- Adequate amount of carbon: A whole-house carbon filter needs a minimum of 100 pounds of activated carbon. If your system has less carbon, glyphosate can breakthrough and expose you to this dangerous herbicide.
- Two carbon vessels plumbed in series: To ensure you get 100% removal, you need two carbon filters plumbed in series. The first filter does the heavy lifting and removes most of the glyphosate. The second carbon unit is for polishing and removes any glyphosate that isn’t removed by the first filter.
- Pre-treatment filter to remove suspended solids: Fouling of the carbon bed can cause channeling, which results in blockage of pores inside the carbon. A sediment filter of high quality is a necessity to remove any and all solids as well as turbidity.
- Post-treatment filter to remove carbon fines: A particle filter is needed to remove carbon fines that might contain adsorbed glyphosate.
- Flow meter: A flow meter is required to track the amount of water treated. Carbon has a finite ability to remove glyphosate, and the volume of water treated is a good estimate of the remaining treatment capacity.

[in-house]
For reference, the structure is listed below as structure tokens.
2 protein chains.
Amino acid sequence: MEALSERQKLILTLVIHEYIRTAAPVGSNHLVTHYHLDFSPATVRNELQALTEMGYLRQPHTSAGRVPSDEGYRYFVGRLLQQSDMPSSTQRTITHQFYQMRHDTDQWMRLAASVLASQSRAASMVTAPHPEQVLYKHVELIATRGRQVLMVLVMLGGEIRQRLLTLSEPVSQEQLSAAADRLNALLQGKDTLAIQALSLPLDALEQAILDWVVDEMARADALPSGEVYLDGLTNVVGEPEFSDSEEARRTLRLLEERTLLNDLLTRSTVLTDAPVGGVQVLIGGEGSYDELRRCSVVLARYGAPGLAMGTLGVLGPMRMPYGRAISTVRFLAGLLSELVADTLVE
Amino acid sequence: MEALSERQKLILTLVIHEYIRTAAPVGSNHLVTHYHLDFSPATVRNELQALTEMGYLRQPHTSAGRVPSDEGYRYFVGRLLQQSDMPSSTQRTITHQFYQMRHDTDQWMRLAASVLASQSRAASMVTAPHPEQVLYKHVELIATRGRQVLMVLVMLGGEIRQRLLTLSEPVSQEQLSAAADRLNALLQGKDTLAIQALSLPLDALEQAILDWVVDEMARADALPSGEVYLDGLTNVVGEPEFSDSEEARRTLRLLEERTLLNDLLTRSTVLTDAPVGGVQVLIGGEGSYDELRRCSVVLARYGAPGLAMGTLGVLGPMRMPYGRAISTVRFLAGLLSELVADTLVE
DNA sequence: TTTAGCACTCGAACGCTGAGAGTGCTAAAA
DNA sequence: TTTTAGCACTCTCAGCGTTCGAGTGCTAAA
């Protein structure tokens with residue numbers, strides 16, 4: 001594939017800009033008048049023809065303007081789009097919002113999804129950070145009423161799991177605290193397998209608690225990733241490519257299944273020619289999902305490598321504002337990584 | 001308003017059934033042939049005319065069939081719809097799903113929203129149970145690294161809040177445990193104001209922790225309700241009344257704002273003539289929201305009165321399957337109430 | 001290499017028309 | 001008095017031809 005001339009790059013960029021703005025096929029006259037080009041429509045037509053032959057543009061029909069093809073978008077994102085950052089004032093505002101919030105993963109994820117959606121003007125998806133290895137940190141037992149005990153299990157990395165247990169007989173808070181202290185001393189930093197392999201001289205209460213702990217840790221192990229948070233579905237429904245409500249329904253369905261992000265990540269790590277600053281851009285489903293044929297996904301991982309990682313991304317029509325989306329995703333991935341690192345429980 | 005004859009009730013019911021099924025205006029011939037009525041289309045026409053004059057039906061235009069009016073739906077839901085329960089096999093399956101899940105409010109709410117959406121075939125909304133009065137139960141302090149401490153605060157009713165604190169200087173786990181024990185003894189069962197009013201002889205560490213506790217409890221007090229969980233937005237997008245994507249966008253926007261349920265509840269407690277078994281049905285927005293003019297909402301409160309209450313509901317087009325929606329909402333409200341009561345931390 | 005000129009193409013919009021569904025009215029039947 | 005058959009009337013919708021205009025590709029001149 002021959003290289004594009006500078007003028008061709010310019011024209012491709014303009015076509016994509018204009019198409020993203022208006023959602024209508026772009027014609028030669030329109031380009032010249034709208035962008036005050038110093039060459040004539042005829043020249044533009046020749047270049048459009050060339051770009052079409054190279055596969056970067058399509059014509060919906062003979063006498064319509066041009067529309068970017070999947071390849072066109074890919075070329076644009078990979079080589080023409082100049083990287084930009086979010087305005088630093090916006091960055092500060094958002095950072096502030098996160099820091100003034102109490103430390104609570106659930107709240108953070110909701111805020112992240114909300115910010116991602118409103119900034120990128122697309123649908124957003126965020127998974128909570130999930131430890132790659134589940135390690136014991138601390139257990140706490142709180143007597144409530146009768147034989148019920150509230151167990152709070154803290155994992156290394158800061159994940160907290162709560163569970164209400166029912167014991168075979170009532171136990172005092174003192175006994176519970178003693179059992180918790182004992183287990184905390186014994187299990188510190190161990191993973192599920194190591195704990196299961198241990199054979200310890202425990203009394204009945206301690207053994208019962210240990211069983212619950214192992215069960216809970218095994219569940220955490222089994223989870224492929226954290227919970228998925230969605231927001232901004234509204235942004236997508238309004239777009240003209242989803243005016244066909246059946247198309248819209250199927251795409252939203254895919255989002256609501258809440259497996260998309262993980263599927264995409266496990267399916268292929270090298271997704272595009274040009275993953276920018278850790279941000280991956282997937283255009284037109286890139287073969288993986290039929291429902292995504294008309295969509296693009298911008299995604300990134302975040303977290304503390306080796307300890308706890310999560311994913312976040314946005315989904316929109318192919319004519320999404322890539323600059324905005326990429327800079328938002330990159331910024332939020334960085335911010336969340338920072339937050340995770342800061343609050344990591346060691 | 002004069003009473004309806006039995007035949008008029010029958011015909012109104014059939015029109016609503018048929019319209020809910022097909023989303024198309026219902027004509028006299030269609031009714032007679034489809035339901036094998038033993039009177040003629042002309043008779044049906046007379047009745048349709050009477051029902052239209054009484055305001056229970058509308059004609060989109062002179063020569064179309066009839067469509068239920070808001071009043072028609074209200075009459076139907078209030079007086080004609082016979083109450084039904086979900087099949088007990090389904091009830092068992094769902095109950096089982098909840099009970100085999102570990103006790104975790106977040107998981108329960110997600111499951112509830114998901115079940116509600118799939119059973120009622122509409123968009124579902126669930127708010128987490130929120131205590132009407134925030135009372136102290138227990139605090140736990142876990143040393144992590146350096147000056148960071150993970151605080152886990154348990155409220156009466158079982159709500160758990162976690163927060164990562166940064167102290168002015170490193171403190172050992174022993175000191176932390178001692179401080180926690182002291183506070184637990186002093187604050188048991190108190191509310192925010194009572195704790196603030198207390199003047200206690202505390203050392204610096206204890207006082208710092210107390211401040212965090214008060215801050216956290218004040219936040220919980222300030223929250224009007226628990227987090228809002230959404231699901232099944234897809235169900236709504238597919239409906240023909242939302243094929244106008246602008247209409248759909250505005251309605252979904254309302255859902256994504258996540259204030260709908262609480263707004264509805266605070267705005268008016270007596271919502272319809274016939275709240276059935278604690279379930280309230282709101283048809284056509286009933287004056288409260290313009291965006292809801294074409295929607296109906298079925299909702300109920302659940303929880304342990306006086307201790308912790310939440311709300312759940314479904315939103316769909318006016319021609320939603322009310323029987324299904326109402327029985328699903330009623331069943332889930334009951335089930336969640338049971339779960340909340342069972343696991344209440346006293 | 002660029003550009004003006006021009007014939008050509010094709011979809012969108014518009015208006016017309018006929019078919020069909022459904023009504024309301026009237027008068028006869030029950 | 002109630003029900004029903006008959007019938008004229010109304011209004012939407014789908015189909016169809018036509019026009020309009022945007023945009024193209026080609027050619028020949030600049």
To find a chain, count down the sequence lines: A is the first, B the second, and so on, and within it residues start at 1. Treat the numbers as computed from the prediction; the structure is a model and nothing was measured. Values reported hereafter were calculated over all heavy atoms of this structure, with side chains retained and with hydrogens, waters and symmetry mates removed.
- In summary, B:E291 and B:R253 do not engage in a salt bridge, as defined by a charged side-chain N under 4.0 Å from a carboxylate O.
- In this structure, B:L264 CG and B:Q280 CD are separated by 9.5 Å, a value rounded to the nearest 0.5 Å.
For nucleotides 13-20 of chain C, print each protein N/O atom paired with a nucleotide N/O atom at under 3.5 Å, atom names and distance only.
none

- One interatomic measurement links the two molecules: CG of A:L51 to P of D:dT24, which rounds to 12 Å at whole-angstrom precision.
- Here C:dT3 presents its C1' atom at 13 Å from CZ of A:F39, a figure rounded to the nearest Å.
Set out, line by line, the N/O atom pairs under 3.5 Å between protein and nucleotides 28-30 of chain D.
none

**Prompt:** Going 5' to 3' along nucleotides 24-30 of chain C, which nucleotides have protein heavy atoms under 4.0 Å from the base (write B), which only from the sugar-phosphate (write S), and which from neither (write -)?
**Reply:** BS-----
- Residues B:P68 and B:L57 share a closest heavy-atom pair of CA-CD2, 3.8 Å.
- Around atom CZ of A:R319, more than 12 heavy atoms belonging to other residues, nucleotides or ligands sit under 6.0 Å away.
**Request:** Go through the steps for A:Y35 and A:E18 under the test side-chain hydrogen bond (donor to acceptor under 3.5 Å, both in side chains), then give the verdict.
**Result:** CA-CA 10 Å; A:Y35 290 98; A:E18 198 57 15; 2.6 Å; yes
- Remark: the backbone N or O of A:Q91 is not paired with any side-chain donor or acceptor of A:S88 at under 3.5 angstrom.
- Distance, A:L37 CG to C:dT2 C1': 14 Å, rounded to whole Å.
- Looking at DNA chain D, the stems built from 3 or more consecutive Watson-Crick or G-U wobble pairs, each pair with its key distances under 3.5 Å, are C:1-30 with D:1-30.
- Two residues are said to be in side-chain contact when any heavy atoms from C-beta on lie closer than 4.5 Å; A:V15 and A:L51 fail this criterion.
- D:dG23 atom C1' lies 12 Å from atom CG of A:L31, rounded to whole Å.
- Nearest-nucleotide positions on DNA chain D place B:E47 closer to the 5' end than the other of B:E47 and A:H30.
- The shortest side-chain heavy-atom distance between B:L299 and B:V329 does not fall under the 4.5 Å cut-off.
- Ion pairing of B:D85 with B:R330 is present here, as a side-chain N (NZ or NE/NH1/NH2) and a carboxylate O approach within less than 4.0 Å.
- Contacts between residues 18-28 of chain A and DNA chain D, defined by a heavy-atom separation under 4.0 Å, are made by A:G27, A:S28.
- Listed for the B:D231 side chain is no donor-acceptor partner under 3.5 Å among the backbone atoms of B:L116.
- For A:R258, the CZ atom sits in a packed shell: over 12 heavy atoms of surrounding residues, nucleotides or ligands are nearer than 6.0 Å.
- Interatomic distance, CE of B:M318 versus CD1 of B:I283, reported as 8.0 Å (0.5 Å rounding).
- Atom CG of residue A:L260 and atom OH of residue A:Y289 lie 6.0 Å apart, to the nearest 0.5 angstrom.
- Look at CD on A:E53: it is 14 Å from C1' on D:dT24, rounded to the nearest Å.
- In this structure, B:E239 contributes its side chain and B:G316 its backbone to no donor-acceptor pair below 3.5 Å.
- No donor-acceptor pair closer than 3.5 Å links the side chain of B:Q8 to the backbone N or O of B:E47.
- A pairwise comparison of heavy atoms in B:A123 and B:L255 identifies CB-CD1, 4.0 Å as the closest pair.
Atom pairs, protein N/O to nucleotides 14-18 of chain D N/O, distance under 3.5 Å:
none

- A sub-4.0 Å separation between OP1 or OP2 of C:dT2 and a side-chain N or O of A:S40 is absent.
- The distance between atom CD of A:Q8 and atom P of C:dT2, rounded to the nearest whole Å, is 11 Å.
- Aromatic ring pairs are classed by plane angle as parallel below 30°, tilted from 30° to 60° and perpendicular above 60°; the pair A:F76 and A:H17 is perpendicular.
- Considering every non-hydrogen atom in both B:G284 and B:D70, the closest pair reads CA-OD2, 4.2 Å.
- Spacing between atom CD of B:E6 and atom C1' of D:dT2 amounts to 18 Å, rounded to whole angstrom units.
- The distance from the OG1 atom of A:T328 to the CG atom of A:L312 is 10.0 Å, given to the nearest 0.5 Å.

- Sample ports: To verify that the carbon is effectively treating glyphosate, you should sample your drinking water once a month. Collect a sample between the two carbon filters to know when breakthrough occurs so you can change the carbon.
Factors to Consider with Carbon Filters
If you are considering a carbon filter for your home, there are some factors you should keep in mind before making a decision.
A carbon filter can be installed as a point-of-use (POU) unit or as a whole-house system. Whole-house systems are also known as point-of-entry (POE) systems.
POU systems are less expensive to install, but they only treat water at the sink where they are installed. Whole-house systems are more expensive to install, but they will treat all of the water in your home. Typical installation costs for POE carbon filtration are between $1,300 to $5,000.
The biggest cost is the labor to install the filter. If you’re handy, you can install the system yourself. An under-sink carbon filter can be installed for less than $100. However, a filter this small would not remove all of the radon from your water.
Carbon filters require maintenance to keep them operating properly. The primary maintenance is replacement of spent carbon – spent carbon is media that has no remaining adsorption capacity.
Small, under-sink filters need to be replaced every few months. Large whole-house filters can last for 6 months to as long as 2 years before they need to be replaced. Often, the carbon will become fouled with sediment or biological growth which would require replacing it more frequently.
For a whole-house carbon unit, you have to remove the carbon from the filter vessel. This is difficult to do and, most people hire a specialty company to do this.